I had an endless stream of piss coming out, probably due to the ‘mental powder’ High5 Extreme energy drink.

We lined up for the race; probably about 40 of us I guess and we were off.  The early pace was reasonably relaxed, at least compared to the madness of Crystal Palace during the week.  I felt a bit more confident amongst the other riders as we made steady progress around the circuit.  The race would be run for one hour and then 5 further laps.

My plan was simple; tuck in, stay out of trouble and get a nice high intensity ride in.  However noble or otherwise my intentions I was not able to stick to them.  I found that, as the pace was just below my ‘all out’ pace I was constantly tempted to ride on and off the front.  This meant riding at or beyond my threshold pace for large parts of the ride.

I managed to push myself pretty hard, increasing my recorded maximum heart rate to a whole new level – 193bpm or 3.75% higher than my previous ‘best’.

I kept expecting to hit the wall, but when really fatigued I tucked back into the bunch to recover which happened reassuringly quickly.  Meantime Steve was spending a good deal of time at the front end of the bunch and PaulS riding a good conservative race staying out of trouble.

A few breakaways were attempted by none successful – not least my own ridiculous hubristic efforts.

With an hour done the 5 lap marker was displayed which was something of a relief.  The big hill before the start/finish line was starting to hurt.  PaulS was starting to make regular appearances towards the front of the bunch as was looking pretty fresh.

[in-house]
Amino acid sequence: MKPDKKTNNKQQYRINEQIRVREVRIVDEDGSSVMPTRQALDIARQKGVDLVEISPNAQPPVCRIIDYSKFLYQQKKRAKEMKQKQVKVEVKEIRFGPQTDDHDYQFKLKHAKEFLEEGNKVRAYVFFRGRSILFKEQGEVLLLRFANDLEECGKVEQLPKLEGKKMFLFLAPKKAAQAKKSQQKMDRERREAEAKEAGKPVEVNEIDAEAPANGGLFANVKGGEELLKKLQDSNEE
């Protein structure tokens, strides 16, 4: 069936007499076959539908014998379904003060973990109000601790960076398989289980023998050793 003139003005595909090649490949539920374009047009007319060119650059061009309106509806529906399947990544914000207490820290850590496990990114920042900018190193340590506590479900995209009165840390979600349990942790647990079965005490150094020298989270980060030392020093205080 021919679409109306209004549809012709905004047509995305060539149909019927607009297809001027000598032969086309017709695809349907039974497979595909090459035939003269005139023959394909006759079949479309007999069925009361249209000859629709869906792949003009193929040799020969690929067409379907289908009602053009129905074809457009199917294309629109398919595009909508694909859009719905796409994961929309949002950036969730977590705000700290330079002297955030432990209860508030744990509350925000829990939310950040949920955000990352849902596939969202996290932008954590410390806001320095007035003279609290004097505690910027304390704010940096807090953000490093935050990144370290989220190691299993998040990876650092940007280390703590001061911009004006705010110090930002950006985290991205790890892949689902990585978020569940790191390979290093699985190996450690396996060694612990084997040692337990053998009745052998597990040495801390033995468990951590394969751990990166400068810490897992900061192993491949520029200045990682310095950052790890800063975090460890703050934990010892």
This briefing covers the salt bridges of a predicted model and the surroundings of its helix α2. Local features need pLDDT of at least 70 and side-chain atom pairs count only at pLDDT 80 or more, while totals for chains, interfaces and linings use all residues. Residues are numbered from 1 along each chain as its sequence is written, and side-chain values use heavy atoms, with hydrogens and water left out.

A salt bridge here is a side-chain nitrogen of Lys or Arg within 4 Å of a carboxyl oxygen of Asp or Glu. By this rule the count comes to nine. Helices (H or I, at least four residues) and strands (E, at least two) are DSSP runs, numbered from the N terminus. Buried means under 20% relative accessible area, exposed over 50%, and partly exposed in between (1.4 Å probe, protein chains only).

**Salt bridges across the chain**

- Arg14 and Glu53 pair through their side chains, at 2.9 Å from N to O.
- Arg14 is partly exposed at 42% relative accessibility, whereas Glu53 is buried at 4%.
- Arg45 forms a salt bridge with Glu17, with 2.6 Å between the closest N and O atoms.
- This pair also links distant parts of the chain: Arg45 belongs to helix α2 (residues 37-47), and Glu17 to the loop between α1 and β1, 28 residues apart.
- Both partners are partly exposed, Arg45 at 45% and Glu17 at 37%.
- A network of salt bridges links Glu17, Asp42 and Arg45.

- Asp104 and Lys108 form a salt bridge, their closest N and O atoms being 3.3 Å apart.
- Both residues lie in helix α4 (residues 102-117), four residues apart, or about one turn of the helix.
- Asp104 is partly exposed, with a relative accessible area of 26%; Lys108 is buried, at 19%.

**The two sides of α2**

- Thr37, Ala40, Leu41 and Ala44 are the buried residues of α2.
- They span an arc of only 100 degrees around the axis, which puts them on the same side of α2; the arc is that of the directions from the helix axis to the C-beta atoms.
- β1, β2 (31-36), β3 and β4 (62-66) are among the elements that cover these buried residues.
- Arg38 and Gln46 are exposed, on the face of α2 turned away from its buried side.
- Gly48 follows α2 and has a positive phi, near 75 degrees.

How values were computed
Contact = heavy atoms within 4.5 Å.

I found myself at the front again, unintentionally, and again tired.  On a straight bit of the circuit I thought I’d treat myself to a little drink before re-composing myself for the hill.  At which point Steve screams ‘put that down’ and zoomed off into the distance – the implication clearly that I was somehow meant to follow!  Duly chastened I calmly replaced my water bottle and set about trying to chase him down.  Already knackered this was no mean feat and it didn’t really happen.  Either way we were quickly caught by the bunch.

With one lap to go I was convinced that the whole bunch was going to come zooming past me.  Instead I found myself pretty much at the front all the way to the last climb of the day.  At this point I got my arse roundly whipped and ended up finishing, well, just about nowhere which was rather amusing.  Steve also, probably fatigued from our ill-advised attack, didn’t have much left for the last climb.